Anna Larina was known and renowned as the wife of one of the architects of the Russian Revolution, Nikolai Bukharin. With his downfall and execution, she was persecuted for twenty years, separated from her family, and spent her prime years in a succession of gulags.
Witnessing both the rise of the Revolution, and purges it conducted, she lived both sides of the hypocrisy of Stalin’s rule. She was loved as the partner of the golden child of the Revolution, and then condemned as the partner of a traitor. Through her, we see the very human cost of ideology, and the unimaginable triumph of the human spiritin the face of the hellish machine determined to subdue it.
The extraordinary story of Anna Larina. Punished for being a wife.
“Lead actress Charlotte Chimes gives a breath-taking yet fierce performance as Anna, alongside her counterpart Ben Mathews, whose conviction and intensity brings the Russian figurehead back to life” – Alt Media
“As secret police apparatus Lavrentiy Beria, is the exceptional Steve Corner, whose nuanced dramatics has us enthralled.” – Suzy Goes See
“Langham’s script works well, capably balancing the task of enlightening audiences to the inter-war Soviet mindset and creating interesting characters who are more than mouthpieces for the delivery of information. Langham demonstrates a light touch when it comes to necessary exposition.” – Audrey Journal
“We are the Himalayas is a refreshing look at the great communist experiment that encourages us to see what happens to the human creature under different styles of social pressure. Partly frightening and partly exposing, it offers up a refreshing take on Russian communism and reminds us that narratives are not always as they seem, and that the story we tell ourselves about the events transpiring in front of us are as important as the stories we wish to refute. This is a complex and beautiful play, that all Sydney artists should see, not to mention anyone interested in modern day socialism or Russian history.” – Lisa Thatcher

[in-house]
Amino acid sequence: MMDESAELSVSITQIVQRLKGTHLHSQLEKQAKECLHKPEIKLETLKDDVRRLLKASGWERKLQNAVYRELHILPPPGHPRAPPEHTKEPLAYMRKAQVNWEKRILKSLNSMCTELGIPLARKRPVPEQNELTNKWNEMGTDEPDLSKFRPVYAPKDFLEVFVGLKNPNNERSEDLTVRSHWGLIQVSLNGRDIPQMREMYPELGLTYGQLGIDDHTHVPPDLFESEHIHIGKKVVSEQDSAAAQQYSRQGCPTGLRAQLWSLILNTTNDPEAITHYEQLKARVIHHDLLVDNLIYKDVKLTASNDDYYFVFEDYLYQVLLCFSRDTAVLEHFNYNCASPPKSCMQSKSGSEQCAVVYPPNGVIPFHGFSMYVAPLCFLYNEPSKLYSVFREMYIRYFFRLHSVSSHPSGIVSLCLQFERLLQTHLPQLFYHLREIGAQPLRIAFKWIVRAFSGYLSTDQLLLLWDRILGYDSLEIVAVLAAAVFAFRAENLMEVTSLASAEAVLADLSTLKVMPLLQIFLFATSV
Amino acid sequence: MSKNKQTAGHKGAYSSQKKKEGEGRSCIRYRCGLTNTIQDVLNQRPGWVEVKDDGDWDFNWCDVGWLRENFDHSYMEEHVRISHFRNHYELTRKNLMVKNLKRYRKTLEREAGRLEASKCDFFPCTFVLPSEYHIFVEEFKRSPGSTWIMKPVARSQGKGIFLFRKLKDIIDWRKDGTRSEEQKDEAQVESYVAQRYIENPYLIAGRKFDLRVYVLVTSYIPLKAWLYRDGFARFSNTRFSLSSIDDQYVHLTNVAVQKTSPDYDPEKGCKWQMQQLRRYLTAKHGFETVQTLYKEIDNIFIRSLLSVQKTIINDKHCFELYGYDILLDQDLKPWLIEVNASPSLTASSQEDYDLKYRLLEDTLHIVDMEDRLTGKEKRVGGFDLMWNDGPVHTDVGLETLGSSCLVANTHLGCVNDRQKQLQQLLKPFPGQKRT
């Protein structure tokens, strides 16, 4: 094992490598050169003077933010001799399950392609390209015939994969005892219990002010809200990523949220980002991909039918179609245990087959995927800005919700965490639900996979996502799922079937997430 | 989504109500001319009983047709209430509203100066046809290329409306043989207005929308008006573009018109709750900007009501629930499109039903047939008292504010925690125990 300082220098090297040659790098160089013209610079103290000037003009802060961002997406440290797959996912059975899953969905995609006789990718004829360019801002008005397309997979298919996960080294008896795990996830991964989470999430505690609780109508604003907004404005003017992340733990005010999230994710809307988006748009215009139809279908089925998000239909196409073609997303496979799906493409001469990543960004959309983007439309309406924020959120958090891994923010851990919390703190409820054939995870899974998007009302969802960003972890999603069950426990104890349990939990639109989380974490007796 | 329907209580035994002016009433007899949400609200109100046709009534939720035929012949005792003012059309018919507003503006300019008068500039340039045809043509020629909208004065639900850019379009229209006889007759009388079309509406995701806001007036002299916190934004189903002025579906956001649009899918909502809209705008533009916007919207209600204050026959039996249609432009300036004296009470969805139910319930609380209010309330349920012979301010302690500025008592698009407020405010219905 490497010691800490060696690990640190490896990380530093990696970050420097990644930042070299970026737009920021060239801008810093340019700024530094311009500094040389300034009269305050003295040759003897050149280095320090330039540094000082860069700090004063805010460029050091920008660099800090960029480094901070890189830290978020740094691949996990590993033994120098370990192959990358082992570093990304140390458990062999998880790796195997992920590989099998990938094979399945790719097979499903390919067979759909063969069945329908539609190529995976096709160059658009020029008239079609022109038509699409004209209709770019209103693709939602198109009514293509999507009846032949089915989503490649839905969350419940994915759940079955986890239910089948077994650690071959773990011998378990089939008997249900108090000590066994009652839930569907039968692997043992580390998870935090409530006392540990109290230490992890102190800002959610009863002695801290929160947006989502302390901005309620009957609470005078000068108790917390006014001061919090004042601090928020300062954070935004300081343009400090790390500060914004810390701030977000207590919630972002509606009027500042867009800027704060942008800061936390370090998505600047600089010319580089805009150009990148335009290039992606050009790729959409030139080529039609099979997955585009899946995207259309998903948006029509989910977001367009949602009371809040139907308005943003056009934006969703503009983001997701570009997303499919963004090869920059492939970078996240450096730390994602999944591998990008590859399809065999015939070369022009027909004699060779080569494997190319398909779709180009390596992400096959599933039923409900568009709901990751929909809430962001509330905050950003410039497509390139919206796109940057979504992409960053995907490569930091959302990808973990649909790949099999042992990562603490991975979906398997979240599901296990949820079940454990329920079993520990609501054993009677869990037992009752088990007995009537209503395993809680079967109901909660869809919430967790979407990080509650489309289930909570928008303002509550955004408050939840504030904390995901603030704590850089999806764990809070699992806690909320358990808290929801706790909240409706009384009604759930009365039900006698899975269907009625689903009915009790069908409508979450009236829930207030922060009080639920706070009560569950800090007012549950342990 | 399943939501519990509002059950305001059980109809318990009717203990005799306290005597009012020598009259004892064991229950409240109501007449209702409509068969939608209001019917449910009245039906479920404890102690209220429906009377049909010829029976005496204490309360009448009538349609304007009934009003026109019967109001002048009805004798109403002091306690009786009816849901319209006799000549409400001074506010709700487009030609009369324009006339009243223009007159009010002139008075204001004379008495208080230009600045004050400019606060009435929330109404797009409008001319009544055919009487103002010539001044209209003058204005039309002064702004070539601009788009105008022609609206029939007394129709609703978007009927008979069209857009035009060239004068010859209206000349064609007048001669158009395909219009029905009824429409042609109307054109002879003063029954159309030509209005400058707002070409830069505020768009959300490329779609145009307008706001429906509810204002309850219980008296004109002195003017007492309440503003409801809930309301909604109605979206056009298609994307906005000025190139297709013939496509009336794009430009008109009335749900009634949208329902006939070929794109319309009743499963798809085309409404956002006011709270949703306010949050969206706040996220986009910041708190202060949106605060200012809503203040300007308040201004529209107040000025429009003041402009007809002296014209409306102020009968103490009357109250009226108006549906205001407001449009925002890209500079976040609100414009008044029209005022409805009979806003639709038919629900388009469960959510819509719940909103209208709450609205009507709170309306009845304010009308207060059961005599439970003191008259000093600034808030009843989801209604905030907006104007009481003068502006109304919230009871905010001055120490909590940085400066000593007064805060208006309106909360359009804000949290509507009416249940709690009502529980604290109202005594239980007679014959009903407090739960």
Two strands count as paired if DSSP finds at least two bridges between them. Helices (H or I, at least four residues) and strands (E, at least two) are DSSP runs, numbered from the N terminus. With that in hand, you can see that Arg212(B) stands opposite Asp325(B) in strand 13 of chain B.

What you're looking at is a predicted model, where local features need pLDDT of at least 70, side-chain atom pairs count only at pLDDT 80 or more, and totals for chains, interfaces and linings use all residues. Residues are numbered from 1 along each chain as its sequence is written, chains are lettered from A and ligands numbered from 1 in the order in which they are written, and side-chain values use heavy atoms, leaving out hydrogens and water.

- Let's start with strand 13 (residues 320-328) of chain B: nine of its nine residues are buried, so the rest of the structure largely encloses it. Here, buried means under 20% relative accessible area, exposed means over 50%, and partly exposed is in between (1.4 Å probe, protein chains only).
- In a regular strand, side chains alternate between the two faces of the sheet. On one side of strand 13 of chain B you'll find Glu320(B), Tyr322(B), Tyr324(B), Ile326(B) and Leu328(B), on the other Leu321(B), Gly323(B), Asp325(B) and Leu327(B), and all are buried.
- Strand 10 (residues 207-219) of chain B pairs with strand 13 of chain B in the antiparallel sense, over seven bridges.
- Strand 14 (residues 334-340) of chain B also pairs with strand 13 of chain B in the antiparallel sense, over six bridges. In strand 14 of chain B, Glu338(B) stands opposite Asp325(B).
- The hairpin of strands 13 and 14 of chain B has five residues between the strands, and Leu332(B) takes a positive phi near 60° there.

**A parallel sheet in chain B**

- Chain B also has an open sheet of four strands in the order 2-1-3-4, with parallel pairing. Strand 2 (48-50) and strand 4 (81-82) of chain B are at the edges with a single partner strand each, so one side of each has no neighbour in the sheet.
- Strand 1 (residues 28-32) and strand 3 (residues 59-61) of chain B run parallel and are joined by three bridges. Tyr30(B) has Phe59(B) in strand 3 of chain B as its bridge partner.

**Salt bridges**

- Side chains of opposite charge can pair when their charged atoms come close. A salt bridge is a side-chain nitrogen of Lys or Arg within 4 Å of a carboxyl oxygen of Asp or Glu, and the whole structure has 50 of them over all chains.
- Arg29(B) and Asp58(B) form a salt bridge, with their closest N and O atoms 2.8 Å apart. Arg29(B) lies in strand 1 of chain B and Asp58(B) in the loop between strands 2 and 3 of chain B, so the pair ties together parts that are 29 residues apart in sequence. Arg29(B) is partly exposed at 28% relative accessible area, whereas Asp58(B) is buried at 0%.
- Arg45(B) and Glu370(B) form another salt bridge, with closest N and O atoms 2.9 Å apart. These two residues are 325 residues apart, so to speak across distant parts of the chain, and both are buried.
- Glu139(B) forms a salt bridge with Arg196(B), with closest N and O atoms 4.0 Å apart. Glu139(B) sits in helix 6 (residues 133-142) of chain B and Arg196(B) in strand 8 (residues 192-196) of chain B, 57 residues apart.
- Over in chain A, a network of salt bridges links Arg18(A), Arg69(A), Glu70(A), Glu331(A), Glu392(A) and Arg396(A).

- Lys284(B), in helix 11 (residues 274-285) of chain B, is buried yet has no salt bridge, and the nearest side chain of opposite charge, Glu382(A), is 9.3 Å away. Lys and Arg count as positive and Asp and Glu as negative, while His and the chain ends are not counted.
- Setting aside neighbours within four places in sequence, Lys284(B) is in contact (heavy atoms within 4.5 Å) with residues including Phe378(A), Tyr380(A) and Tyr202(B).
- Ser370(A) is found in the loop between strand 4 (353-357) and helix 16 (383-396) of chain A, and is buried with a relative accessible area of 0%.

A mother watches on TV as her son is arrested for the murder of three young men, their bodies discovered in his apartment. Her friends text their support but always had their doubts, while her weatherman ex-husband becomes a media sensation in the aftermath of the televised tragedy. What follows is a kaleidoscopic journey of investigation into a mother’s past and future. With her life suddenly thrust under the microscope, Lie With Me is a mother’s desperate attempt to survive in a world that names her the Mother of a Monster. Combining dynamic physical and visual storytelling, the show creates an intimate portrait of a woman facing the greatest crisis a mother can face. Lie With Me is a visceral, honest work exploring the limits of the human heart.
“This is an amazing theatrical ‘coup’ from Ms Pierse, for, when one watches closely and observes that besides creating and charting the dilemma of Janice, Ms Pierse, as well, is having to also to be a technical ‘instrument’ – stage-hand – in the moving of the furniture, props etc to facilitate the action circumscribed by the writer and Director – at one stage managing the positioning of 10 chairs and a table, by herself, in the midst of the progress of the narrative.” – Kevin Jackson
Dark, passionate and urgent, Hobart’s writing makes for engrossing, fascinating theatre. – Suzy Wrong
“By storytelling this examination of fear, entrapment and cruelty in a way that is exciting, accessible and important, Hobart establishes herself as a first-rate playwright.” – Audrey Journal